In a way, it is similar to watching a glorious Olympic athlete win a gold medal, only to have the medal be stripped away because a performance-enhancing drug test came back positive. Photographer Harry Fisch, experienced this firsthand when his winning entry for the 2012 National Geographic Photo Contest was disqualified 72-hours after it was awarded because of his unfortunate decision to clone out a plastic bag from the far right side of the photo.
Here is the original unretouched photo that was submitted to National Geographic upon winning the contest.
While the contest rules allow the use of dodging and burning, it specifically prohibit the digital removal and addition of elements in the photograph. Had Fisch burned the bag to complete darkness or simply crop the bag out, he would have been fine. Harry pleaded his case to the juries and to Monica Corcoran, the editor of the magazine, but the ruling was not overturned.
In Corcoran’s e-mail back to Fisch, she stated that “it is unfortunate you did not crop the bag or just leave it in, as it really had no impact either way.”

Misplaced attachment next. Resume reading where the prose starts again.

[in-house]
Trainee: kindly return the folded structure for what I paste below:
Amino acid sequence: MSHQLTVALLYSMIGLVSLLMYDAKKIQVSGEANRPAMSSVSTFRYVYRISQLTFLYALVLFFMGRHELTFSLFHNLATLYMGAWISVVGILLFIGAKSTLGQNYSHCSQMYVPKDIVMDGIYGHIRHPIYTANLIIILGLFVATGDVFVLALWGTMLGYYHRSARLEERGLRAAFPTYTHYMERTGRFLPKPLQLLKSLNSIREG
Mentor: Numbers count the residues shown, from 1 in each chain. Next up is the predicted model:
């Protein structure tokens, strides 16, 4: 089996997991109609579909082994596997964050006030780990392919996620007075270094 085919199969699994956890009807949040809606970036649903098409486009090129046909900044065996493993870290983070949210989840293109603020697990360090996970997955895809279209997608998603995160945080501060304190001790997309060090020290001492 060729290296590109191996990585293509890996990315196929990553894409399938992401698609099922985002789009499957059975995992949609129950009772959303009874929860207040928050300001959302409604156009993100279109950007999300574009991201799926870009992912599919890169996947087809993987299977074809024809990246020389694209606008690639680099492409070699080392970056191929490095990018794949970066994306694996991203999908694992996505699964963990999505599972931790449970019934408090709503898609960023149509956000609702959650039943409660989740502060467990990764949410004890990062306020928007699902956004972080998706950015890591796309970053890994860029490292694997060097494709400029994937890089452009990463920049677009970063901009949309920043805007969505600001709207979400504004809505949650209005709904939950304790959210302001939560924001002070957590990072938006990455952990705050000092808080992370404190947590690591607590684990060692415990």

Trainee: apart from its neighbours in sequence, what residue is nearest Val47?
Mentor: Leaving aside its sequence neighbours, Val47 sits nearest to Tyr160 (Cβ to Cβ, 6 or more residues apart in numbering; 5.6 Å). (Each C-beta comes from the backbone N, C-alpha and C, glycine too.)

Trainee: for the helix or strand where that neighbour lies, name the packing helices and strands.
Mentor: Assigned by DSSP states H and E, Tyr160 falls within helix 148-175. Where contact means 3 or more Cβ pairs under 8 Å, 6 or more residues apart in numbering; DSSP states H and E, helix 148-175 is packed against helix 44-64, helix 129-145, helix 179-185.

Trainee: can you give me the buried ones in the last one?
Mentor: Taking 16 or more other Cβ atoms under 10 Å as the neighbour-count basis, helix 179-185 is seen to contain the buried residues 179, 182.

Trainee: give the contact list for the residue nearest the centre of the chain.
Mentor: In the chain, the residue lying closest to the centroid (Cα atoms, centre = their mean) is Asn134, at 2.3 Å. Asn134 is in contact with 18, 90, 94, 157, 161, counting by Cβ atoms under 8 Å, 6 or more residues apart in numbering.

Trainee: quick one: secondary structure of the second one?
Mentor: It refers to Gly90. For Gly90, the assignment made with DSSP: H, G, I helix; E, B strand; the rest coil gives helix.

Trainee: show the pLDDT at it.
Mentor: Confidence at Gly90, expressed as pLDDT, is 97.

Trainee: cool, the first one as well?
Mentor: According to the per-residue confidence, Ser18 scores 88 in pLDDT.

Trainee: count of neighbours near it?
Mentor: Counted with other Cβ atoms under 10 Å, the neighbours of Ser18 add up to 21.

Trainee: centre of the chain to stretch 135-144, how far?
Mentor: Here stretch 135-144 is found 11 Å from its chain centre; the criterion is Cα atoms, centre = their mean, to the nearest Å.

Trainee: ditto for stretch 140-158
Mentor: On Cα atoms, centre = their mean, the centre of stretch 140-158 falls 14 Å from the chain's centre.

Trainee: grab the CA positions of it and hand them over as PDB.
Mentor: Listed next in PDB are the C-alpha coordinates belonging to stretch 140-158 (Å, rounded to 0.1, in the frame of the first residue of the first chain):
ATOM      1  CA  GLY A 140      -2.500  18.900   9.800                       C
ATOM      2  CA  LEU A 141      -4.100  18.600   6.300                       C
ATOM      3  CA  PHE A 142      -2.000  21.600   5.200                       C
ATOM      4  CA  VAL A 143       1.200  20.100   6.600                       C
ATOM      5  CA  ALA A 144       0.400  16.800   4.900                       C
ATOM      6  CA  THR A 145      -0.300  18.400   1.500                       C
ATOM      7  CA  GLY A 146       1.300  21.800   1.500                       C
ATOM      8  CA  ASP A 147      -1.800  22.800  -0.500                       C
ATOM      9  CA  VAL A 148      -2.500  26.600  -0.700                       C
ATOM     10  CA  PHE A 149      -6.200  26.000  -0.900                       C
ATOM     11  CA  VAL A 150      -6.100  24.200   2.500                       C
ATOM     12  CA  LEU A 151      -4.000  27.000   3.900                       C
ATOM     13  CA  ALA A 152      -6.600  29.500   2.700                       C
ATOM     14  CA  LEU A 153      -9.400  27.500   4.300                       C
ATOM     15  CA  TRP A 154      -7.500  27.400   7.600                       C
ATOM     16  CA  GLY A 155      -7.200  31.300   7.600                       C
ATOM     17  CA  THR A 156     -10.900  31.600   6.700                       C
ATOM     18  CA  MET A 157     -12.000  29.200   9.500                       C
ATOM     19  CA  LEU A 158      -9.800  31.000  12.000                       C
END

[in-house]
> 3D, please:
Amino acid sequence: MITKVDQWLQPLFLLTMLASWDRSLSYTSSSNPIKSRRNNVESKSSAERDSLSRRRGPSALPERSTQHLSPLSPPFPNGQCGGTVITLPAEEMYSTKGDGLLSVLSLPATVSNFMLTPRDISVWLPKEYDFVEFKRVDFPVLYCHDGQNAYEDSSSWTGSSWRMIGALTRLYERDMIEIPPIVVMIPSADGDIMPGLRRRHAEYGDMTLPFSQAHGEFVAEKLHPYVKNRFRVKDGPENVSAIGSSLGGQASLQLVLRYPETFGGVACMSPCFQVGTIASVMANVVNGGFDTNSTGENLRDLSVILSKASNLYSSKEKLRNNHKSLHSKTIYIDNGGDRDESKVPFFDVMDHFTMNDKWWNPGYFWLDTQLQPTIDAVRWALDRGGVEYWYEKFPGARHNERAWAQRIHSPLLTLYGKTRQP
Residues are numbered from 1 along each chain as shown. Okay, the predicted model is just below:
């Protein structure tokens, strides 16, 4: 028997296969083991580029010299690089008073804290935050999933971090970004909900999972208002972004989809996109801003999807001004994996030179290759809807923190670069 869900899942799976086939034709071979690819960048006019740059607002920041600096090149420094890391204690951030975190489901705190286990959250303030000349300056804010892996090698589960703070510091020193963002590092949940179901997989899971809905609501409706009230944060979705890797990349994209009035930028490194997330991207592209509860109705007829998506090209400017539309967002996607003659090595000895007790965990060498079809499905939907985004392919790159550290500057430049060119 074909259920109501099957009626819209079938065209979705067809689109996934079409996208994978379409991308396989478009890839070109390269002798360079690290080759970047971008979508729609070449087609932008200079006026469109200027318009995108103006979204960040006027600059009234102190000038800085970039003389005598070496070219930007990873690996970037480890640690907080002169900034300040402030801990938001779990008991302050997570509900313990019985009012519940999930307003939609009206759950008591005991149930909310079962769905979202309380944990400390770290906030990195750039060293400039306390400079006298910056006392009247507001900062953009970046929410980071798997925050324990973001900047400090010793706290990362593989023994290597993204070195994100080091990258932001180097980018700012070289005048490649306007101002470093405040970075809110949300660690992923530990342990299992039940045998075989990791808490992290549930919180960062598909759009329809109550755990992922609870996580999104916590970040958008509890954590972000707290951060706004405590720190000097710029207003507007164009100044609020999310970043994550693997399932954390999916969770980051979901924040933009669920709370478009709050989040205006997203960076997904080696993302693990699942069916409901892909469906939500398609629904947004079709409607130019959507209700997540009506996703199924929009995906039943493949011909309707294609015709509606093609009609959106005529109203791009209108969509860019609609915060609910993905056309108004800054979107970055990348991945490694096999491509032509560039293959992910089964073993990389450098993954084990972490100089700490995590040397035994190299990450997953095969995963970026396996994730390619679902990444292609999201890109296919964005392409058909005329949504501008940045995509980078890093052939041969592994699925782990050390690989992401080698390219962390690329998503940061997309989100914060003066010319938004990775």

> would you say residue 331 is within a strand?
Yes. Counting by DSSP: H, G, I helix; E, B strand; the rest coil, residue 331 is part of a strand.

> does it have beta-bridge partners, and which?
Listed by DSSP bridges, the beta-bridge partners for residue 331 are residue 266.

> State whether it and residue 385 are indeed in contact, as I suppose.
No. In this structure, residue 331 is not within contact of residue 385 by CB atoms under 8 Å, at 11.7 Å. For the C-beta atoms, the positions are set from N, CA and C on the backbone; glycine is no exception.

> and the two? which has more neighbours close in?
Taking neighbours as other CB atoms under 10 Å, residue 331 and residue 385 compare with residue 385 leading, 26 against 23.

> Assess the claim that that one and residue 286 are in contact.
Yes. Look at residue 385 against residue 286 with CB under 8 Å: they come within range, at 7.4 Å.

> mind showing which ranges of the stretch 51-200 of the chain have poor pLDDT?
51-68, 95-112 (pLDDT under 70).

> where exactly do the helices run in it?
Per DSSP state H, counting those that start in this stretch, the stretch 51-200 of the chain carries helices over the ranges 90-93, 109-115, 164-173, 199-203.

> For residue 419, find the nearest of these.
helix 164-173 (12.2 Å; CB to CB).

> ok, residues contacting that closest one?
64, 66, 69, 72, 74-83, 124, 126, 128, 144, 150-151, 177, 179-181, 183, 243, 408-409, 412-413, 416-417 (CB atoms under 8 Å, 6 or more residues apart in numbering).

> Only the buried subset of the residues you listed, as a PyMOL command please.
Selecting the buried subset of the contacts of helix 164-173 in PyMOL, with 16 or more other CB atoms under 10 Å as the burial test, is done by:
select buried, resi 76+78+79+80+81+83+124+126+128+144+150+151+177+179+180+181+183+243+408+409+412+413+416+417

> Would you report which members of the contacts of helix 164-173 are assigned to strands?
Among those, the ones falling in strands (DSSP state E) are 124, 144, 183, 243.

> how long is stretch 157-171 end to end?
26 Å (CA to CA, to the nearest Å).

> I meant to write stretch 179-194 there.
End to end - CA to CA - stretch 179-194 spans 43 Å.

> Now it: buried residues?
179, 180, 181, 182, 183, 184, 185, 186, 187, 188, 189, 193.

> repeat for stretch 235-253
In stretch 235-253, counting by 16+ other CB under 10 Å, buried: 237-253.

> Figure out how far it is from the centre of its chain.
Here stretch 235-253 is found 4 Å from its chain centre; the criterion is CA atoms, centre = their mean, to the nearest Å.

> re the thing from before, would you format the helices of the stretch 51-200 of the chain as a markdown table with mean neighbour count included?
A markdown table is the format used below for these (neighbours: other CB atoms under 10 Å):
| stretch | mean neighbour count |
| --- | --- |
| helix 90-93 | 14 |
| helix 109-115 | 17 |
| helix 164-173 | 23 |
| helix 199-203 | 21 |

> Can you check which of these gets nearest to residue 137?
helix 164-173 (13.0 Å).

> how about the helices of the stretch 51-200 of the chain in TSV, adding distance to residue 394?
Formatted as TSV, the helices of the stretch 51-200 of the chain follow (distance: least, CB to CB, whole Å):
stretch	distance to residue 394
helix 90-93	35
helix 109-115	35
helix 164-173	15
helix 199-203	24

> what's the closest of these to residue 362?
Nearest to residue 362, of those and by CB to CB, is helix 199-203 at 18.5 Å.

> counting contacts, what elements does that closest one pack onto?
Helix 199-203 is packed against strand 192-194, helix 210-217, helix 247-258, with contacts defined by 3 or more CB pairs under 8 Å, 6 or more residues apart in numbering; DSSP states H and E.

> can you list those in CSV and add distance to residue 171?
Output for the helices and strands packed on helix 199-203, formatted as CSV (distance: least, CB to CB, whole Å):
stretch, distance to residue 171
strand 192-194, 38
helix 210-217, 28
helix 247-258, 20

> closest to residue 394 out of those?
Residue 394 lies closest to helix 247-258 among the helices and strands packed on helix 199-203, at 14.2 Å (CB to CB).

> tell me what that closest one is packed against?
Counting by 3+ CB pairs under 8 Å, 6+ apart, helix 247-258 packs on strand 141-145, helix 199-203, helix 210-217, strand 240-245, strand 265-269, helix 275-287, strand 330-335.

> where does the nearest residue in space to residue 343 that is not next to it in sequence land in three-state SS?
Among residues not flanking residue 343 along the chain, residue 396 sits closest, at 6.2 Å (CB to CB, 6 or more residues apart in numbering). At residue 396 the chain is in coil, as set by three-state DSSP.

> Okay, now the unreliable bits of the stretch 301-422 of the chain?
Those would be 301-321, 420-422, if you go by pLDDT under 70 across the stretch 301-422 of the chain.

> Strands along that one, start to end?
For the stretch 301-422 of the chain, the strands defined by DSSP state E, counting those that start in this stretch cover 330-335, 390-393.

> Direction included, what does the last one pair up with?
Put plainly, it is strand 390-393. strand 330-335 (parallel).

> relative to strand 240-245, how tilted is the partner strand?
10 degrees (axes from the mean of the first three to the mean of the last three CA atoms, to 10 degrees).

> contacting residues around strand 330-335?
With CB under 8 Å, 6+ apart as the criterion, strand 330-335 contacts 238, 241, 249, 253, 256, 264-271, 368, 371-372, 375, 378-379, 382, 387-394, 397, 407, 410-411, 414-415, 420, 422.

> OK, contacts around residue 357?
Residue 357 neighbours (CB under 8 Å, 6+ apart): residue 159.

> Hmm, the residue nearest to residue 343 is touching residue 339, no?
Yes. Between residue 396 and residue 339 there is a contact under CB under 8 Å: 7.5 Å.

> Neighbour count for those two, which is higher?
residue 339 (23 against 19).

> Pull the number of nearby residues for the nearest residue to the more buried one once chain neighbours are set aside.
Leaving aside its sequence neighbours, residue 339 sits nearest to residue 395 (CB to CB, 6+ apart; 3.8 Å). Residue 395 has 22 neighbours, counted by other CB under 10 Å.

This costly lesson is an example that we can learn from. It is important to read the rules of a contest, especially one that is as major and as strict as the National Geographic contest.
You can read the rest of the story from the article in Nomad Expediciones Fotográficas Blog: National Geographic, how I won and lost the contest in less than one second
Thanks to Peta Pixel for the find!
Image credits: Harry Fisch
- JPG vs BPG? Another Challenger To The Ubiquitous JPEG Loo...
- The Beard Photography Frenzy, All Started With A Cause
- Airbus Uses A Billion Dollars In Jets For Celebratory Pho...
- Striking Wedding Photos From Kenya Will Leave You In Awe
- Eighty Year Old Unpublished Photo Gems From Fashion Photo...
- TIME Magazine Photo Editors & Experts Pick 27 Photobooks...